Opinion

Please Advise! Why Tax Foreign Homebuyers Before the Study’s Done?

Dr. Steve joins the speculation on Clark’s desperate, drastic and apparently data-less decision.

By Steve Burgess 8 Aug 2016 | TheTyee.ca

Steve Burgess writes about politics and culture for The Tyee. Find his previous articles here.

[Editor's note: Steve Burgess is an accredited spin doctor with a PhD in Centrifugal Rhetoric from the University of SASE, situated on the lovely campus of PO Box 7650, Cayman Islands. In this space he dispenses PR advice to politicians, the rich and famous, the troubled and well-heeled, the wealthy and gullible.]

Dear Dr. Steve,

I am confused. Didn’t the B.C. government launch a review of the provincial housing market earlier this year? Weren’t they supposed to await the results before taking any drastic action?

Signed,

Homie

Dear Homes,

Recall the trial in Alice in Wonderland:

“No, no,” said the Queen. “Sentence first — verdict afterward.”

And so it came to be. Here in B.C., the housing study goes on but the sentence — a 15 per cent tax on foreign homebuyers — has already been passed.

To review: The provincial government commissioned a BC Housing research project to “build an economic model of the B.C. housing market.” A key goal of the study is finding out the effect of foreign buyers on the local market — are they only influencing the high end or the entire ball of pie? The study was launched in February and is now scheduled to be revealed at the end of the year.

Boring! Who can wait that long? Especially when your hair is on fire, and Vancouver’s collective ‘do has been a five-alarm blaze for months. The uproar over Vancouver house prices was beginning to threaten the Victoria housing market — specifically, the provincial legislature. If drastic action was not taken, Vancouver Liberal MLAs could’ve found themselves homeless after next election.

You’ve got to admit, Homie, that Queen — Premier — Clark’s decision to implement a tax has a certain boldness to it — so much so that it could boldly lead the government into even more trials. The fact that the BC Liberal government failed to include a grandfather clause exempting pre-existing contracts shocked some local sellers with deals already in the works. It wasn’t exactly “Off with their heads,” but it was at the very least a brutal bit of kneecapping. Real estate lawyer Richard Bell told CBC News he expects suits.

But in the meantime we are now ringside at a fascinating experiment — arguably a rash and ill-considered one but all the more fascinating for that. For the past year we have been observing two types of real estate speculation — speculators buying property, and pundits speculating on what it all means. The argument that foreign money was playing havoc with local values was obviously far more than an outburst of xenophobia. But how much of an effect was it having? And would a tax on foreign buyers really work (putting aside for now the question of whether it is fair to people who simply want to move here and play their part in building our community)?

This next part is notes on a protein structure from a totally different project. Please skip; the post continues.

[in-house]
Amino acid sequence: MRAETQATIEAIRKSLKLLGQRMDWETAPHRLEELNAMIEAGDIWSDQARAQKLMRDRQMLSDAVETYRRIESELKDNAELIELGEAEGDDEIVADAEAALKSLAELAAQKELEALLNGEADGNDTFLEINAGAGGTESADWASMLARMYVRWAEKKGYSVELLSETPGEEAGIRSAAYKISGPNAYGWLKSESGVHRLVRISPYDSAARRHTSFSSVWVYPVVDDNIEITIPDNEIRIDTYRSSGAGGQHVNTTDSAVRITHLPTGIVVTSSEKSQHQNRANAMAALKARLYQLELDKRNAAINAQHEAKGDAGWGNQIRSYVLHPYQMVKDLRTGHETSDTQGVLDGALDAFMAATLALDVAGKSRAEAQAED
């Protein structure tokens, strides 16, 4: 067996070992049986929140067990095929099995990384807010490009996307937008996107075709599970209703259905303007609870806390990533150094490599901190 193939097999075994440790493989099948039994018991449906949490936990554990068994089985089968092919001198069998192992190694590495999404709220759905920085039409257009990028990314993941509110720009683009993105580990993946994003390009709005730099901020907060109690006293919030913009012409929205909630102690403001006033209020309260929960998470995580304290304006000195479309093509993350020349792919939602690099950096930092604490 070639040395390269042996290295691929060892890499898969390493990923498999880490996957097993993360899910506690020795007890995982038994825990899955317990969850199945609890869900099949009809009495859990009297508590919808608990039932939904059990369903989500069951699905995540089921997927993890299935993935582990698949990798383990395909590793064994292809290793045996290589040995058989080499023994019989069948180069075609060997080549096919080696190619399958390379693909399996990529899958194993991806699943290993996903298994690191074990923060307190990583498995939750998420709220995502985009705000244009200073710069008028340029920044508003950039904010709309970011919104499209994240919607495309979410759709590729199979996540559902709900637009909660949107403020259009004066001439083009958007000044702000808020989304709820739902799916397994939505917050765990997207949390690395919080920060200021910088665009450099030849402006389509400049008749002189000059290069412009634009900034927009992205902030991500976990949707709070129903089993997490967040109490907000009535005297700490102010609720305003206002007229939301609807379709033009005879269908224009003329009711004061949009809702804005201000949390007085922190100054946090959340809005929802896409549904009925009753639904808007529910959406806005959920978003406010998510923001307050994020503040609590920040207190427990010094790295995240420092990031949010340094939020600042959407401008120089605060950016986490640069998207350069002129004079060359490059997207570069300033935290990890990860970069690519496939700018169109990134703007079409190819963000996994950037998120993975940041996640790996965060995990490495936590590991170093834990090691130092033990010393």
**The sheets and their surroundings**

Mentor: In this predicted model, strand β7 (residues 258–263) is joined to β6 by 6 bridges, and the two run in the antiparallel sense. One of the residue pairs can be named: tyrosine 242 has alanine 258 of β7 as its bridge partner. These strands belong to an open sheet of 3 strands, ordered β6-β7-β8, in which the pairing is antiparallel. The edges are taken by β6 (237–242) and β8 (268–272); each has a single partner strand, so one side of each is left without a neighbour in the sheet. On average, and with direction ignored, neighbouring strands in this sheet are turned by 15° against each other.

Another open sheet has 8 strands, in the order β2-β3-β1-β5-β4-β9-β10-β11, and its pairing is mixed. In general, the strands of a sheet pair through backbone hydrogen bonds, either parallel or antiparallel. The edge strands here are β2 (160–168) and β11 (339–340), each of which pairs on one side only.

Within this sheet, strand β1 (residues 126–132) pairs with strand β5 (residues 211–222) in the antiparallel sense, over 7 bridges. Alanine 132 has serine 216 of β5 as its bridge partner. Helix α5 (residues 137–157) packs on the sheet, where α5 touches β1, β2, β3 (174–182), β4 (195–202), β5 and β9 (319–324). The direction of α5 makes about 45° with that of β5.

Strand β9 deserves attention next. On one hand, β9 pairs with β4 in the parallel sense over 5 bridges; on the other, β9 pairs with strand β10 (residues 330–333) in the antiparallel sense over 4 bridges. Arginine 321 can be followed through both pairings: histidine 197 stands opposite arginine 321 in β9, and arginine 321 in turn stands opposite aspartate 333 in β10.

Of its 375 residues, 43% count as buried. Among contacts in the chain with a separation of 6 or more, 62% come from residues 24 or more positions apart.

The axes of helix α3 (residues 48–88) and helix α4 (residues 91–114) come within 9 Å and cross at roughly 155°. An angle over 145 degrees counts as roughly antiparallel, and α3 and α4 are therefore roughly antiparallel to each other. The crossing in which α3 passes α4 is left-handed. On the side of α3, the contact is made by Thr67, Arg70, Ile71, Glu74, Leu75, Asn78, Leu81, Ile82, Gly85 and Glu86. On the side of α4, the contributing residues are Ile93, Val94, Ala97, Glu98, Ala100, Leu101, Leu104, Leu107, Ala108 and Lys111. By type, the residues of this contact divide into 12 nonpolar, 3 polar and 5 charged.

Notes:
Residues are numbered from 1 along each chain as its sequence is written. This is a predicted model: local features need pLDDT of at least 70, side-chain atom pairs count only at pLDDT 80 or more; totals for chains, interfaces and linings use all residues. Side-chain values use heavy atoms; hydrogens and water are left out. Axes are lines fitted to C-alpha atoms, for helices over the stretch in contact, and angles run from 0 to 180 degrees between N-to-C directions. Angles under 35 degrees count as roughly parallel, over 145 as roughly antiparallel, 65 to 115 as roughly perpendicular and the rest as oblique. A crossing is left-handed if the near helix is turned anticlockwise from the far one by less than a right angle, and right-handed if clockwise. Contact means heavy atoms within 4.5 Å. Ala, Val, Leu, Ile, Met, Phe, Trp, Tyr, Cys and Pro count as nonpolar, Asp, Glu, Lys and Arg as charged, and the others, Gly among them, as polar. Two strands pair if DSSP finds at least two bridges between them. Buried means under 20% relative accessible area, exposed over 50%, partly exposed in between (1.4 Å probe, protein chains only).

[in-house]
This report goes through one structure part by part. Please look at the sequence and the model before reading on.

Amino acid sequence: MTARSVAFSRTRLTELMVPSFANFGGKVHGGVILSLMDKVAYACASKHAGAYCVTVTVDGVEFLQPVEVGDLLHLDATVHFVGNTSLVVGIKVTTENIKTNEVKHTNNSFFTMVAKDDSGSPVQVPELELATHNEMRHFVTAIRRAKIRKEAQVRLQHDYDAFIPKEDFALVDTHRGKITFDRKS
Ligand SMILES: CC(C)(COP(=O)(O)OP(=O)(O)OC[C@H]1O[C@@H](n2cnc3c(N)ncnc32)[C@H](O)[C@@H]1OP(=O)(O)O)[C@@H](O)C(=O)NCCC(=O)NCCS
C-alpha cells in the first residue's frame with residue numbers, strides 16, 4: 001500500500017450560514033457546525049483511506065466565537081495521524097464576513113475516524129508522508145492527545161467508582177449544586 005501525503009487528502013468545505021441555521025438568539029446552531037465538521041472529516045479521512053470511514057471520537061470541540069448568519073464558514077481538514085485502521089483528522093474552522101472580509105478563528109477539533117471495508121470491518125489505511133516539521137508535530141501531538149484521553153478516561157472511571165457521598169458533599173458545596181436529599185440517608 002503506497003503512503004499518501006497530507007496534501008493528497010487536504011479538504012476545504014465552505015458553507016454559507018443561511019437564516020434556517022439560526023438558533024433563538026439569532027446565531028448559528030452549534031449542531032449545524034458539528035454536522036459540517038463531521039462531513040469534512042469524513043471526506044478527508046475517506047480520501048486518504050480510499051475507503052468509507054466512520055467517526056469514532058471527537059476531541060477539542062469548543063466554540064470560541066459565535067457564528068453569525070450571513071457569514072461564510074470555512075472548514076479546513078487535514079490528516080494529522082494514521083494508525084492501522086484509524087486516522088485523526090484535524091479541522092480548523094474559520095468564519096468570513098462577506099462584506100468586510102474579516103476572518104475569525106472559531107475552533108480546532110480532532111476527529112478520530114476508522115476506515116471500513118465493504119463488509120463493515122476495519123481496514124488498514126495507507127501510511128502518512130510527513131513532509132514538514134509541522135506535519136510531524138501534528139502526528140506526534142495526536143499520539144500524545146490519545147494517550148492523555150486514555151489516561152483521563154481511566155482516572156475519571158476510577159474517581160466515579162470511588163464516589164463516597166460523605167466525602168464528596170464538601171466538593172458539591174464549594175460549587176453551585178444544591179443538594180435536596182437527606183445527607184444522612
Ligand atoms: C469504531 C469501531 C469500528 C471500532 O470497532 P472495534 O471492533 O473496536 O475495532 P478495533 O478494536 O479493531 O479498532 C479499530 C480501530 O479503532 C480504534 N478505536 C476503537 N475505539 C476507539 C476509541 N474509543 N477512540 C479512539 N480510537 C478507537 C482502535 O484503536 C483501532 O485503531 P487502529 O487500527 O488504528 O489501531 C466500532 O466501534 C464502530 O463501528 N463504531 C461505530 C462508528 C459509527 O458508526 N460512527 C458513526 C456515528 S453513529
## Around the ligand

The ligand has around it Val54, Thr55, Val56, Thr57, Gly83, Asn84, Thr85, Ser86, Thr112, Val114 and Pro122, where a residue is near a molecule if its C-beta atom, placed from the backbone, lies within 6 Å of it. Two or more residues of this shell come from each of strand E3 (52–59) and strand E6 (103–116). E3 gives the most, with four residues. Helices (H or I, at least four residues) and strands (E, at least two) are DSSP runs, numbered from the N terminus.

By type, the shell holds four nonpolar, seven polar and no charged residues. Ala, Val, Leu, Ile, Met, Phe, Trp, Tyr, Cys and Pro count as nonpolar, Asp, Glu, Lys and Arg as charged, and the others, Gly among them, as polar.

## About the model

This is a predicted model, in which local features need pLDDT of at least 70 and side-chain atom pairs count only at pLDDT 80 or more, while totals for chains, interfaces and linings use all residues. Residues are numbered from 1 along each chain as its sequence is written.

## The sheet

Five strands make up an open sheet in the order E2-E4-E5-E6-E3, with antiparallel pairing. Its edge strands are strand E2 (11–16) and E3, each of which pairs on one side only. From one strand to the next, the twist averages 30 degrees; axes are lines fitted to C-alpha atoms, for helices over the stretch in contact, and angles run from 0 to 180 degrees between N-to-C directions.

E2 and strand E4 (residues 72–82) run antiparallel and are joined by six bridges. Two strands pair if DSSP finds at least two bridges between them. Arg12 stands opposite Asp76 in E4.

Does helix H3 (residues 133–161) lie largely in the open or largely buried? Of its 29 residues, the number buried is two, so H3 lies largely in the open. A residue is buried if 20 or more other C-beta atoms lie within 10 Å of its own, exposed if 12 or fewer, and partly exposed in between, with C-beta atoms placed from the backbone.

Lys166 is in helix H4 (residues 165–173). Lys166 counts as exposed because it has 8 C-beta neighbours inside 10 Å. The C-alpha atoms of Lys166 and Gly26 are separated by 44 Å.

Dr. Steve has been somewhat surprised by the many commentators who seem very certain of just what is going on in our overheated market and just what to do about it. It is his professional belief that sometimes a person must make like Socrates and confess that the wisest people are those who admit they don’t know jack shit.

Why wait for data? Experiment!

Not knowing jack shit never stopped a politician from leaping into action though. All the premier really needs to know is in the papers and the comment sections. Action is what’s important. Or possibly unimportant. As Lewis Carroll described it: “‘Unimportant, of course, I meant,’ the King hastily said, and went on to himself in an undertone, ‘important — unimportant — unimportant — important’ as if he were trying which word sounded best. Some of the jury wrote it down ‘important,’ and some ‘unimportant.’”

The BC Housing study would have made for useful reading. Now it will probably make useful kindling in the cold, rainy December to come. Instead, we get to sit back and watch Christy’s Experiment. One way or another the next year in the B.C. real estate market will likely be analyzed and studied in economics classes for years to come. It can be a dubious honour, as President Hoover could tell you. Early returns suggest sales have plummeted but prices have not. Some say the effect will be negligible, while Toronto honchos fear the effect will be to add Vancouver’s lunacy to theirs. But we have a ways to go.

By the way, Dr. Steve rents. And is preparing for upcoming developments by microwaving a very big bowl of popcorn.  [Tyee]

Read more: BC Politics, Housing

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